Storytelling without Special Effects

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Last month, Burger King released a PSA video as part their partnership with the No Bully campaign (You can watch the full spot here) that became a viral sensation on the internet. It had over four million views on YouTube in less than a month. The video was incredibly well done, and did a great job of telling a powerful story of their cause in a video-based way that didn’t require an excessive amount of special effects.

While there is absolutely a place for animated pieces that involve 2D or 3D animation or other fancy effects, and we make many of those types of pieces here at PEG, I’ve always had a soft spot for projects that are able to tell a story in a way that elicits an emotional reaction almost exclusively through video. Doing so is definitely an art, and something that takes a lot of talent to accomplish.

Hidden Cameras

In the example that Burger King created, it was done through a series of  hidden cameras. But capturing video like that takes very careful planning and pre-shoot preparation to allow the concept to work. That can’t be underestimated.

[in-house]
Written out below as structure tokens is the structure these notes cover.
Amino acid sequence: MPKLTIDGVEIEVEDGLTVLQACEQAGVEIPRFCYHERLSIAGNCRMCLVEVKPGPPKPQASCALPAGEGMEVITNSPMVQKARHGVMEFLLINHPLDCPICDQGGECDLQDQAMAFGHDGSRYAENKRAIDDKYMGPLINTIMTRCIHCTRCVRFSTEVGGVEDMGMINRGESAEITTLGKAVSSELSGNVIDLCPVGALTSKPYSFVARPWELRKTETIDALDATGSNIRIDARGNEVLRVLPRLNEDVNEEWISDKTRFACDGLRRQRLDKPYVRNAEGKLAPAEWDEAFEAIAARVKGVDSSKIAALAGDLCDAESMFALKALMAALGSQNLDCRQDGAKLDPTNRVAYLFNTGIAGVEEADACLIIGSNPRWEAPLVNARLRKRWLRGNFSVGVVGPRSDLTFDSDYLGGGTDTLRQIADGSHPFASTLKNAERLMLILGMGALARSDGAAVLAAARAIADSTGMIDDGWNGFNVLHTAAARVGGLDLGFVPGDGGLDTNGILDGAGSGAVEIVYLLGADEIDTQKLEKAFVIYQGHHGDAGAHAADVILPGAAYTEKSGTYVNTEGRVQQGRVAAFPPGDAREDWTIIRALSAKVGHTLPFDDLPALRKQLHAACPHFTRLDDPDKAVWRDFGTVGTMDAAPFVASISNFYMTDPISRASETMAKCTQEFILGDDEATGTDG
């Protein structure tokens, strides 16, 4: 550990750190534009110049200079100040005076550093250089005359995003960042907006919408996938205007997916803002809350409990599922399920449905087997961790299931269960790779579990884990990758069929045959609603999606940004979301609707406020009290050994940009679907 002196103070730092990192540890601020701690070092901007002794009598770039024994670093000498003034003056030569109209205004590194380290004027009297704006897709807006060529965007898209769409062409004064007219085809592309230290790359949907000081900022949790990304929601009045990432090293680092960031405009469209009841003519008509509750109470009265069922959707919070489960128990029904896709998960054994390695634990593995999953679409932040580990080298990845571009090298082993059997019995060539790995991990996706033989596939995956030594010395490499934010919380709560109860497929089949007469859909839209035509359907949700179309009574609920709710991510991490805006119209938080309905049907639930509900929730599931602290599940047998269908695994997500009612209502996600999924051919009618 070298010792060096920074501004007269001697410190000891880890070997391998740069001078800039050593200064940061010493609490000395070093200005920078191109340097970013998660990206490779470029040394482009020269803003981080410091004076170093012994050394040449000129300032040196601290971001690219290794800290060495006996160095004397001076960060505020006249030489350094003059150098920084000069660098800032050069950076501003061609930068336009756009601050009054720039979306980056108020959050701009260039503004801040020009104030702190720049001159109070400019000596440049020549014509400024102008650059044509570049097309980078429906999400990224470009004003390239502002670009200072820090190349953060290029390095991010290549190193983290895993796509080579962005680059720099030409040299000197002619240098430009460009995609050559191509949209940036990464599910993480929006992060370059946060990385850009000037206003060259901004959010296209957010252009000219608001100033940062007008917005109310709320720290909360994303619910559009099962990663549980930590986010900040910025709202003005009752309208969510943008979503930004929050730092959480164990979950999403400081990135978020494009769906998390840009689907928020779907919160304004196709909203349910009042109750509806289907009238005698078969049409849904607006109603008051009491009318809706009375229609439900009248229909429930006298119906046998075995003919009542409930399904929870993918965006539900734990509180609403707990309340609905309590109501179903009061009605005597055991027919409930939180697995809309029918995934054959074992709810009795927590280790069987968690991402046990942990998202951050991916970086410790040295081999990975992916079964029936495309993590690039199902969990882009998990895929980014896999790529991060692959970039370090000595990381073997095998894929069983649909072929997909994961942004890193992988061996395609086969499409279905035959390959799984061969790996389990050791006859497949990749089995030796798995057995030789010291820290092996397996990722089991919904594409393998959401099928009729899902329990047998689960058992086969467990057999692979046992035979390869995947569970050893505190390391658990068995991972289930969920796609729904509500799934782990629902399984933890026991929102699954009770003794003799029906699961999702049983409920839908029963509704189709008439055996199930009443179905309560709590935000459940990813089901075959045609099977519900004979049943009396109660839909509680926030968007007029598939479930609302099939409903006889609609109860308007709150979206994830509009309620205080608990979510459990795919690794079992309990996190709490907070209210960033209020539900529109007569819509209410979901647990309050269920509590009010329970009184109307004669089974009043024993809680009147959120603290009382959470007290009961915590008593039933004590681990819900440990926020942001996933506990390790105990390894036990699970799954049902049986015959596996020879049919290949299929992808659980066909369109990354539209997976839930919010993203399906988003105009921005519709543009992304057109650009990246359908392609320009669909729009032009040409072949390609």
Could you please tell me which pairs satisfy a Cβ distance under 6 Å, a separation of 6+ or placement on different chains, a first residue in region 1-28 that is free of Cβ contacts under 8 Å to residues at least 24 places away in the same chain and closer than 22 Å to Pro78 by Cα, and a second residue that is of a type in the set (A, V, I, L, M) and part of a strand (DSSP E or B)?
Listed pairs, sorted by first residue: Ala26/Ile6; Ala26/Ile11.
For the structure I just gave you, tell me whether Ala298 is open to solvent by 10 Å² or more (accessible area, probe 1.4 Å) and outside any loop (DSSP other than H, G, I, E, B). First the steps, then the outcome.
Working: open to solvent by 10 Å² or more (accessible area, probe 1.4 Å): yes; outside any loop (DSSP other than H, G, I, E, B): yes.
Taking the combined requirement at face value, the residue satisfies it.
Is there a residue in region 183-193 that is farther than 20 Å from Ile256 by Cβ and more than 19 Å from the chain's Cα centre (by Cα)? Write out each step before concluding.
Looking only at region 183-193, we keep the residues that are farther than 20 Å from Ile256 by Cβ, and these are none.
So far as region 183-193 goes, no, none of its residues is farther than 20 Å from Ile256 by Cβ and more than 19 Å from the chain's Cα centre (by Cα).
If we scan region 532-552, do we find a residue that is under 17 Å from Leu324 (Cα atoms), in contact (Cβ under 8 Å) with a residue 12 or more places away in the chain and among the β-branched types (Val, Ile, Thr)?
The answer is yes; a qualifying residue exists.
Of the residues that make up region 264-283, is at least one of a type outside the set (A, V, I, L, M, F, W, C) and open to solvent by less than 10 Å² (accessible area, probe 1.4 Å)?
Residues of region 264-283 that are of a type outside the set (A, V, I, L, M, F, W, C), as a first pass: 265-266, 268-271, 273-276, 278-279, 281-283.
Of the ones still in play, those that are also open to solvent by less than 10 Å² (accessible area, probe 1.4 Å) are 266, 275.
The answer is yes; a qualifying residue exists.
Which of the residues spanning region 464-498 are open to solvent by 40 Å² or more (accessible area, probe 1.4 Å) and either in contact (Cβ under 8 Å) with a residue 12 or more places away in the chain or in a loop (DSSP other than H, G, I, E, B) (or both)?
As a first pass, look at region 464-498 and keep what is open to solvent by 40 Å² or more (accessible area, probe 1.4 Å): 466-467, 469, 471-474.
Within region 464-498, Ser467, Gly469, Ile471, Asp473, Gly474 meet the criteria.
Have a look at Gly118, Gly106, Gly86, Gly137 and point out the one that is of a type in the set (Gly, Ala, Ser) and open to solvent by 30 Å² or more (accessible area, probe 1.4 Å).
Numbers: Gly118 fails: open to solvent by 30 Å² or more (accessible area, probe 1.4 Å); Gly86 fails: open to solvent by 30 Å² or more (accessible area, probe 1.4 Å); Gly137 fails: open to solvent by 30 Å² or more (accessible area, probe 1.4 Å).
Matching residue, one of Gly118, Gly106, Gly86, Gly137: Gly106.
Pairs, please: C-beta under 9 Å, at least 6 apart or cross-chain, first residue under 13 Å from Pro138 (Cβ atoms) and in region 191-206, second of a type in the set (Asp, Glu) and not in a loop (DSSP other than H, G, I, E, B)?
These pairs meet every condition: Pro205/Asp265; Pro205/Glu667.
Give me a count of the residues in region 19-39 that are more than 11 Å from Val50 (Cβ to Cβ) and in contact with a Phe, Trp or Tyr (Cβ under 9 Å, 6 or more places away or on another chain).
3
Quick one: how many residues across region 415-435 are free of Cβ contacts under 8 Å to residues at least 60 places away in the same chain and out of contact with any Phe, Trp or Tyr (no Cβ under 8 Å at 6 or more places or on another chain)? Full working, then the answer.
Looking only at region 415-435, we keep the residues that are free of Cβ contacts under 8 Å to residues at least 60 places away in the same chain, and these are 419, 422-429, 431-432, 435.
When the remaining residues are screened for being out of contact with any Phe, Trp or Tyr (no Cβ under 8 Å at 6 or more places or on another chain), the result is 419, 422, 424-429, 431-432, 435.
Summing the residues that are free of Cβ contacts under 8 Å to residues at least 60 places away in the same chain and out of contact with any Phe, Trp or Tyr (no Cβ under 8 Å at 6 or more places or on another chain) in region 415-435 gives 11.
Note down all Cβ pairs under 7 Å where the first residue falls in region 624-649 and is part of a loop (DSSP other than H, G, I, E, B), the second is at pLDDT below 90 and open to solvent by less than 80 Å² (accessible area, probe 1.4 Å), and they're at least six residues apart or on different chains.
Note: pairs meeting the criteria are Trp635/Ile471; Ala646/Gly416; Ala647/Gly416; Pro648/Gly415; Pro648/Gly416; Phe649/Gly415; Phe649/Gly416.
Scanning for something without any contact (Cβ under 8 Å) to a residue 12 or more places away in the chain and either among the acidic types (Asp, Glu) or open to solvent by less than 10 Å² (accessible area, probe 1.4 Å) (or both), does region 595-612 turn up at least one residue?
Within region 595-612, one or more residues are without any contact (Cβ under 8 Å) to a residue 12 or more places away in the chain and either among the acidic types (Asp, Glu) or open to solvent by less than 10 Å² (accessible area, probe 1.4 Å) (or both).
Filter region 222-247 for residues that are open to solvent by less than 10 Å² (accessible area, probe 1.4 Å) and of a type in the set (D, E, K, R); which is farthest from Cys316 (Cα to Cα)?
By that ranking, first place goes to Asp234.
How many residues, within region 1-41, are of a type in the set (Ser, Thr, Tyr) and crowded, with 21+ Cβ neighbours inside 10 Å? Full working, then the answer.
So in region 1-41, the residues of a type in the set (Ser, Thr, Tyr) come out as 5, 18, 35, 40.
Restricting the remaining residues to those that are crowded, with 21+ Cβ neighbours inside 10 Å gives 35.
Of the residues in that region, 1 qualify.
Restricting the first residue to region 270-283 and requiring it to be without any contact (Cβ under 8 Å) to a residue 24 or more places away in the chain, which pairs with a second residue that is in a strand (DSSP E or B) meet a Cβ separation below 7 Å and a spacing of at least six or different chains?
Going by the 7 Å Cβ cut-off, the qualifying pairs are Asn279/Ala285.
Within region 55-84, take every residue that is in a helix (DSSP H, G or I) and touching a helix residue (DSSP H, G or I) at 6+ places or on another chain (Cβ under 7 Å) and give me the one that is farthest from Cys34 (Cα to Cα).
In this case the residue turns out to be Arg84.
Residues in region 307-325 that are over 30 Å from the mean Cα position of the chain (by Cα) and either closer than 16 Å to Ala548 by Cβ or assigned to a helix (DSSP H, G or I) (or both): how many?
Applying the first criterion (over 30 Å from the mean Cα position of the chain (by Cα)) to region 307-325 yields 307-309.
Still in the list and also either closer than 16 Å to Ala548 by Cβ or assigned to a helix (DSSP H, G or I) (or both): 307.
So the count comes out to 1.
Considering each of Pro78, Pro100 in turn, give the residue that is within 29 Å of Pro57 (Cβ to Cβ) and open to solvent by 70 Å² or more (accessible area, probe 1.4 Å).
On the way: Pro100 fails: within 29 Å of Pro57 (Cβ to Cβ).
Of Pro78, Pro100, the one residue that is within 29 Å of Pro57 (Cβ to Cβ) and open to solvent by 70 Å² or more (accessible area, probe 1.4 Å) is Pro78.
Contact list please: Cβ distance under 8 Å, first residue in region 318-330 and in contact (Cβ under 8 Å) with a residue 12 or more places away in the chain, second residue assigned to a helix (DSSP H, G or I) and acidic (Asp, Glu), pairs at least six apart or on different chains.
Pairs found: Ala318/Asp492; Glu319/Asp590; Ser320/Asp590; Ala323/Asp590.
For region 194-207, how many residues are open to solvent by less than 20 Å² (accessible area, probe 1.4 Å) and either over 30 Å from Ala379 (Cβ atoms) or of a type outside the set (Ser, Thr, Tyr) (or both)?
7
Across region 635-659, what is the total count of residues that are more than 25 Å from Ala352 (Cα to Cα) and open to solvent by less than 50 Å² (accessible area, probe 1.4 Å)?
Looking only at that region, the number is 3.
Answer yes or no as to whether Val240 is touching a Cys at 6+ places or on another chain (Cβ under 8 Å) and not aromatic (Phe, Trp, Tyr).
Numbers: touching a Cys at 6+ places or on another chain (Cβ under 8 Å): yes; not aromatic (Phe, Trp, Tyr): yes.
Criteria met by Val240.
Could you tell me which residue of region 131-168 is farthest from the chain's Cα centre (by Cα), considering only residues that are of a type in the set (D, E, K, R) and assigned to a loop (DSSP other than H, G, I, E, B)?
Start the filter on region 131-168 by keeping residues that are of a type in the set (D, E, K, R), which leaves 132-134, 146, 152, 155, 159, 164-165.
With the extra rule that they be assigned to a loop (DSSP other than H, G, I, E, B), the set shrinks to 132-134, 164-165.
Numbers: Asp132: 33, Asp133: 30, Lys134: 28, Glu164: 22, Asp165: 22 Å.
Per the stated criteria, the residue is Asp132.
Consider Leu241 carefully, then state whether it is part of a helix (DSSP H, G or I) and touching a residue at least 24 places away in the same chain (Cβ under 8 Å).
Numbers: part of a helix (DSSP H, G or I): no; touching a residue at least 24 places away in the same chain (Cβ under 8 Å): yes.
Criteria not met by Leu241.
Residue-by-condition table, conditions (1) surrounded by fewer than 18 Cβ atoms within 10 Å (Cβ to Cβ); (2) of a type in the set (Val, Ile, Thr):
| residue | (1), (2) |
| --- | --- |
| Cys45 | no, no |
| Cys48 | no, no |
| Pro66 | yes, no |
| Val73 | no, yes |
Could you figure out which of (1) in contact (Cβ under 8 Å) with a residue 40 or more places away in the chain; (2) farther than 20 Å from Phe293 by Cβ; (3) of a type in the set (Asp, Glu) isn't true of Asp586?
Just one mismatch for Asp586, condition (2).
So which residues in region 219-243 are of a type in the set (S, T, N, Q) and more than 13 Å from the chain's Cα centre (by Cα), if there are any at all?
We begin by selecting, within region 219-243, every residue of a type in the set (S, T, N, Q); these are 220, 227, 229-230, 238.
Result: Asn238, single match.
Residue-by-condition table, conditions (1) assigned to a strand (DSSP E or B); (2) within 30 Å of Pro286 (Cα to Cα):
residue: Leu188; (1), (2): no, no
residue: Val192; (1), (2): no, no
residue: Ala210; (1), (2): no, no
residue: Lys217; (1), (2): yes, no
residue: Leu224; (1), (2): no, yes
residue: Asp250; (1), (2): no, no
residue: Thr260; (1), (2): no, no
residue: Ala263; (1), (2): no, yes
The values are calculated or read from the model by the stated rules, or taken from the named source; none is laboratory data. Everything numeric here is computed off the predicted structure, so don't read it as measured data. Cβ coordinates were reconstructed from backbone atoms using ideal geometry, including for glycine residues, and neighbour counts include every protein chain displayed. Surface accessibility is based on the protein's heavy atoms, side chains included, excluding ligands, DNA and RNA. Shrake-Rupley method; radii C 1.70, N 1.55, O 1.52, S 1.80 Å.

Interviews

Another way is to find a great story and tell it via on-camera interviews, where the subjects tell the story. We were lucky to work on a project earlier this year that gained a lot of traction locally and regionally for the City of of Akron that focused on interviews of area residents. Allowing them to tell the story set the tone for the video and gave it a heart that really resonated with viewers.

   

Organically

Another way to do this is to organically capture an event and rely on great camerawork, a great story to develop in front of you and great editing to bring it all together. There is a video guy named Ty Rogers. He does football video for University of Michigan. I follow him on Twitter. He does a great job of capturing great footage each week and putting a piece together. Here’s an example of one he did earlier this year: MINI-MOVIE: Michigan vs. Minnesota

  

All of these example videos rely on great footage and great storytelling to be effective, without needing much at all in the way of effects or graphics to tell the story. They’re proof that while those elements do have a place in many videos, sometimes the most effective stories don’t require all the bells and whistles if they’re planned, shot and edited in a creative manner.

Additional Reading

Lessons Learned from Live Events
The Science Behind Creating Emotion In Videos
The Irony of Simplicity

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